Purchasing Live Sand
How can you be sure you're getting live sand or dead sand? This is a good question. With live rock, you can see that it is live, but not so with live sand. The best way to ensure good-quality live sand is to purchase it from a reputable supplier that collects it directly from the ocean or specializes in cultured live sand and offers fast shipping; the shorter transit time the better. You can also buy live sand from an established local fish store, but this might be costly.
Just like with live rock, some die-off will take place during shipping, and the live sand will most likely go through a cycling process of some kind. How much cycling is necessary depends on the viability of the live sand when it was shipped and how much die-off takes place during transit.
Adding Live Sand to the Aquarium
If you are using live rock in the aquarium, it's best to elevate the rocks off the bare bottom of the tank. Many marine animals burrow into the sand. As they do so, any rocks that sit on top of the sand will slowly get lower and lower in the substrate as it gets displaced. Allowing the sand to be placed "under" the rocks prevents them from getting buried deeper in the sand, eventually ending up sitting on the bare bottom of the tank. It also prevents the rocks from being dislodged, and it prevents stacked rockscapes from becoming unstable.
Once you are done aqua-scaping and elevating the live rock, or any other large-sized decorative non-living corals or rocks, it's time to add the substrate. Add the live sand slowly to prevent excessive clouding of the water. If you are using live rocks in the tank, do not pour the sand onto the rocks, as this will smother the live rock and cause oxygen depletion.
Live Sand Substrate Maintenance
The aquarium should include inhabitants that will stir or turn over the live sand. These animals are referred to as sand stirrers (or sifters) or tank/reef janitors, custodians or cleaners. Recommended types of detritivores include hermit crabs, shrimp, crab, sea urchins, sea cucumbers, and starfish, For sand-sifting fish, try gobies, mandarin fish, or jawfish.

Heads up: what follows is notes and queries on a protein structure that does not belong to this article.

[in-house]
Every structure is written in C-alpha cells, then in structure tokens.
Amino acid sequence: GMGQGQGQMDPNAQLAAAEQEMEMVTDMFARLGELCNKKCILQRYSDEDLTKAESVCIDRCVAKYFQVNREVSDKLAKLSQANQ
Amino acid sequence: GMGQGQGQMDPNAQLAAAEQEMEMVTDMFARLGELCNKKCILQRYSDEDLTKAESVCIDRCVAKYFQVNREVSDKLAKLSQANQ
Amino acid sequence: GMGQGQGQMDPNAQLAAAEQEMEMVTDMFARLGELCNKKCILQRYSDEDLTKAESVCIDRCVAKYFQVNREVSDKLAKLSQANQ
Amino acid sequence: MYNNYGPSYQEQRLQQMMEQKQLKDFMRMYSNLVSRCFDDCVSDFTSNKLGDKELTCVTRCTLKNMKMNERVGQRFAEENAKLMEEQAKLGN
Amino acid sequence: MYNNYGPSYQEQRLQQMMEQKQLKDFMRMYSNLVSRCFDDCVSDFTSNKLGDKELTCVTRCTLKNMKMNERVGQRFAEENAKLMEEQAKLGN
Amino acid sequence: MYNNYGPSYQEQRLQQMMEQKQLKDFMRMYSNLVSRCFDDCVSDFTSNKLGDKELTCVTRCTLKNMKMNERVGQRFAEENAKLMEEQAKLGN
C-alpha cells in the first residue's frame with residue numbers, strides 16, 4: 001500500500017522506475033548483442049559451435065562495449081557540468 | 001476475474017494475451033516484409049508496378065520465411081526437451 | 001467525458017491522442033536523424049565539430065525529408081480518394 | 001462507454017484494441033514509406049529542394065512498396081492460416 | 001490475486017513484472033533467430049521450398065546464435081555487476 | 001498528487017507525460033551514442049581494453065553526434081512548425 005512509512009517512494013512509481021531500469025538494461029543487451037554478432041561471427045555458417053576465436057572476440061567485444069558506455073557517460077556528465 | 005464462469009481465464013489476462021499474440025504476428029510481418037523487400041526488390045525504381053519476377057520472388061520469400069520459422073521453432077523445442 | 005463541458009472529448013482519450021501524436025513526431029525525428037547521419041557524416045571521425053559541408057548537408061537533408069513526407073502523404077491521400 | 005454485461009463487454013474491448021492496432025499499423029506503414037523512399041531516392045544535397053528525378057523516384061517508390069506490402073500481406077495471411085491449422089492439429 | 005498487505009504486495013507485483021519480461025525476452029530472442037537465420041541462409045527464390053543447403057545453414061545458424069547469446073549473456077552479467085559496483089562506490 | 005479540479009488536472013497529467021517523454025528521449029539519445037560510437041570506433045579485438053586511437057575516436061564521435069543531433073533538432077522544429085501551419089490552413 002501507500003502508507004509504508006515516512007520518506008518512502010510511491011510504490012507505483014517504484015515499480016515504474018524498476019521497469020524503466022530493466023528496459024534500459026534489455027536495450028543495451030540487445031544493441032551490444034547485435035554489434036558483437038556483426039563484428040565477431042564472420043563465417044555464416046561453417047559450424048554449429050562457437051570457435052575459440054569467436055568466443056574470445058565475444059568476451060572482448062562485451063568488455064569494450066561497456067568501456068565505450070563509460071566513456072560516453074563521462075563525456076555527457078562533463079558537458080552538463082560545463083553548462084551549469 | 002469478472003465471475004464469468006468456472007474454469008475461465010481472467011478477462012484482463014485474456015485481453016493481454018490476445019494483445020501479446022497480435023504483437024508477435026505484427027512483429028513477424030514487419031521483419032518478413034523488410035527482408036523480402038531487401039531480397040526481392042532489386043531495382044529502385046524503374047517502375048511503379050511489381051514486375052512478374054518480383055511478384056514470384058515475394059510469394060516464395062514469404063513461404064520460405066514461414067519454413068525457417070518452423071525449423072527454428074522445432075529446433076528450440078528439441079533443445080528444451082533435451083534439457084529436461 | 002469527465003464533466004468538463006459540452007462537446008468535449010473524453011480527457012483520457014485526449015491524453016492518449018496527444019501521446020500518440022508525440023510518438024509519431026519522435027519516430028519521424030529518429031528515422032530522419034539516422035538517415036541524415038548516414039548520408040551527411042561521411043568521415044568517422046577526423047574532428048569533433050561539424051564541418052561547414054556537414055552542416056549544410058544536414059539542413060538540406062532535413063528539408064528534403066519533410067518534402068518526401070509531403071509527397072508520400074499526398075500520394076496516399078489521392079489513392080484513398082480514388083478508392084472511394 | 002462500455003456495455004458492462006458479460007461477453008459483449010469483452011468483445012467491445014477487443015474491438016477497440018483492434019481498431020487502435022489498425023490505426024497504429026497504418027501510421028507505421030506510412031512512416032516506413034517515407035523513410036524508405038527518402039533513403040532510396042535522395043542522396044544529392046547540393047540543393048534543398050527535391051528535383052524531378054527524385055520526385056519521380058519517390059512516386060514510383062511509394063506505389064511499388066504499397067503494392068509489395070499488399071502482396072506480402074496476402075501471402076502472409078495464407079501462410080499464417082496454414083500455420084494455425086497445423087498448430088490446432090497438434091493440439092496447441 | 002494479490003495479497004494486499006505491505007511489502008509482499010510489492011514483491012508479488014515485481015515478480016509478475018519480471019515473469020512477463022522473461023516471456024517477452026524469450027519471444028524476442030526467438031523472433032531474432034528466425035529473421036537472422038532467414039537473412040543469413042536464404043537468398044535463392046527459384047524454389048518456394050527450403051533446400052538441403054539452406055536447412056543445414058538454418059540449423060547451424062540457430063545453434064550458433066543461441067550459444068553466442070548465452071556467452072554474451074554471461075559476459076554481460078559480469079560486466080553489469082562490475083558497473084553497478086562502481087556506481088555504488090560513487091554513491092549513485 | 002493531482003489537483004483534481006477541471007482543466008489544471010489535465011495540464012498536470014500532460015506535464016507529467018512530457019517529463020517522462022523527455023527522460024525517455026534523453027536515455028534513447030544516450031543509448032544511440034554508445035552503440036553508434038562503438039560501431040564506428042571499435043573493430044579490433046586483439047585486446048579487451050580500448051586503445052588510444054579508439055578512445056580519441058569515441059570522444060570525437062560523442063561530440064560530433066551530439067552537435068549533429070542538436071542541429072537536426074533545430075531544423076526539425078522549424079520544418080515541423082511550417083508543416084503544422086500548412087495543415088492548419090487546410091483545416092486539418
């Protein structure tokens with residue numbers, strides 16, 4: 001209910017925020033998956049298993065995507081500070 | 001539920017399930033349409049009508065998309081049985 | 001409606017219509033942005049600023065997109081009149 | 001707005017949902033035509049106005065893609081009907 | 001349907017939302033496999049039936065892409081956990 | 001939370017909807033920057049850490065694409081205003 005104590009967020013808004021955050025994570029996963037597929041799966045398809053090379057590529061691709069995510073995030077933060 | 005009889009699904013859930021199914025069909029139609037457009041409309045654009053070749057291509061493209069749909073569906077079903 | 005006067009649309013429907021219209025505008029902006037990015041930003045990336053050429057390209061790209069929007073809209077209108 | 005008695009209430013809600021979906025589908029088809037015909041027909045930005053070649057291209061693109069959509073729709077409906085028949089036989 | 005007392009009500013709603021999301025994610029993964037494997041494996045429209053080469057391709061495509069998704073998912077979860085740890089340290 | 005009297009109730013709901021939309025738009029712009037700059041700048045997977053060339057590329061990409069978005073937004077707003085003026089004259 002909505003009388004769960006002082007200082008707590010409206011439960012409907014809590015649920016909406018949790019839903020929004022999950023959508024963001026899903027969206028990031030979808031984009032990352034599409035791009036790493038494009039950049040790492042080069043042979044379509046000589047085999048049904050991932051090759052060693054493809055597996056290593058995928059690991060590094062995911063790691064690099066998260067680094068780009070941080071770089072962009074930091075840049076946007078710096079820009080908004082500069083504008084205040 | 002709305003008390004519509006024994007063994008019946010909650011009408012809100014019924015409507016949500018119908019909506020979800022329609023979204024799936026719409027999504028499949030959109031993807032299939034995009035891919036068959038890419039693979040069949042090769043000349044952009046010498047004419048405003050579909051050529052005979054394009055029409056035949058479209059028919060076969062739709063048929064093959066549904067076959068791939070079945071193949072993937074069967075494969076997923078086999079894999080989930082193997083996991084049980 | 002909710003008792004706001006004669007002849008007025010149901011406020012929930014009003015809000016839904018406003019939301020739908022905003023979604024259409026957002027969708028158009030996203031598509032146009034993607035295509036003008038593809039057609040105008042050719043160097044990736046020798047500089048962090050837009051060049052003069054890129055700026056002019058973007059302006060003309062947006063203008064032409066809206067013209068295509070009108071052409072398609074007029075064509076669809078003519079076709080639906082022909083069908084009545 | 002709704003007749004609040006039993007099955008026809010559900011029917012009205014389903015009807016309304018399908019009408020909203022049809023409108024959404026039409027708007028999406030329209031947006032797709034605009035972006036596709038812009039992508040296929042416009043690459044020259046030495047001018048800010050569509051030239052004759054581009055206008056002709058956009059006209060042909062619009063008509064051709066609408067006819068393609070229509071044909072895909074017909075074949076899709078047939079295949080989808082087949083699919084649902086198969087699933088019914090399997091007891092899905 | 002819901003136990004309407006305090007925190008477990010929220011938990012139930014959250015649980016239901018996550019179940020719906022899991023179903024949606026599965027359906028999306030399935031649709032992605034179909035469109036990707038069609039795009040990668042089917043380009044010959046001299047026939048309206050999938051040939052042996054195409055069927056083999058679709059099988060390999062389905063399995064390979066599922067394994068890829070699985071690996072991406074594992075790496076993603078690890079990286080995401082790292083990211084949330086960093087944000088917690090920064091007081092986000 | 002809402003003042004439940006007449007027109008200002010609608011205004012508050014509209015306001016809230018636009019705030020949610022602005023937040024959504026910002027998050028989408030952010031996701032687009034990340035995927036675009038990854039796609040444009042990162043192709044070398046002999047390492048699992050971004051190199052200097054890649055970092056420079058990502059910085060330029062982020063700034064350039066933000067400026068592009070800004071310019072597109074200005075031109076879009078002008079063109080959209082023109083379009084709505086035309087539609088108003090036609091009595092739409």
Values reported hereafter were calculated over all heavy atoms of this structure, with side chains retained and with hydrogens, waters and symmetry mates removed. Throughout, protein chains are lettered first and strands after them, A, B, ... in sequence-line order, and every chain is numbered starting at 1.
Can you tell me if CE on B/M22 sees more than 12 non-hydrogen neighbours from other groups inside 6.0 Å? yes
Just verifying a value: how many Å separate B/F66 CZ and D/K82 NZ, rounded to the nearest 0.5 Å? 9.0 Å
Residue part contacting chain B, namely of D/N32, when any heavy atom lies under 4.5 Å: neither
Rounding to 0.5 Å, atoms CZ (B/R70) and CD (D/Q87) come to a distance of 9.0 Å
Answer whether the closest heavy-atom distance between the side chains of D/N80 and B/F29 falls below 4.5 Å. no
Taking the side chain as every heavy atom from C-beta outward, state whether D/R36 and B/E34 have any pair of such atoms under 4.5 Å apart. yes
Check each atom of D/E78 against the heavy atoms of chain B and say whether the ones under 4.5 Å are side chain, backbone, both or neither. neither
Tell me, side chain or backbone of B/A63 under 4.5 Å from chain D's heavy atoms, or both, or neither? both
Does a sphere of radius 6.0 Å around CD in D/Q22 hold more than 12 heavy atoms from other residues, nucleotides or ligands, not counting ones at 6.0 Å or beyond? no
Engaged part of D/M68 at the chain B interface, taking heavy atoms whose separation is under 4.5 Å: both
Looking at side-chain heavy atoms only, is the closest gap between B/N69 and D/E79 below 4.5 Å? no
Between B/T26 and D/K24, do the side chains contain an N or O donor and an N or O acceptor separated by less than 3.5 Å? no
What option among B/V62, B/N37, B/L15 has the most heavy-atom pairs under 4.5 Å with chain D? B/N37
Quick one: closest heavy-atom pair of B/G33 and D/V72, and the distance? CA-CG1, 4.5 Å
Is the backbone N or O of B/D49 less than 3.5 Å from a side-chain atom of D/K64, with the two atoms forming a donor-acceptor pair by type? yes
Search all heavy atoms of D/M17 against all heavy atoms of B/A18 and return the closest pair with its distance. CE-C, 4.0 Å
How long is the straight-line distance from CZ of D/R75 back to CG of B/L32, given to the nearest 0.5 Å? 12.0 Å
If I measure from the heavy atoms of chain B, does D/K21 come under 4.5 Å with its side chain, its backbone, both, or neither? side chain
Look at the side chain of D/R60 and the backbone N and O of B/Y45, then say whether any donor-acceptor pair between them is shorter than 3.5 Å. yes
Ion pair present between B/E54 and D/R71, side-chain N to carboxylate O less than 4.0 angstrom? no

Before adding janitors of any kind, it's important to learn about them first. Do your research on animal compatibility and dietary requirements (especially when it comes to the fish named). Also make sure that the animals you choose are not toxic, like some cucumbers are, or otherwise hazardous to other tank inhabitants.
With the right mix and quantity of reef janitors, a live sand bed should not need to be deep siphon cleaned. Of course, it's still important to follow good a maintenance routine, and you should siphon any uneaten foods or excess debris from the "surface" of the sand bed and between rocks whenever needed.
In general, working with live sand is similar to working with live rock. Test the water parameters to monitor what is happening in the aquarium. Add new occupants slowly (one or two at a time) and only when the tank has completely settled through the cycling process or any recycling that may occur after any type of new introduction. Patience and time are key: Take it slow and let it grow.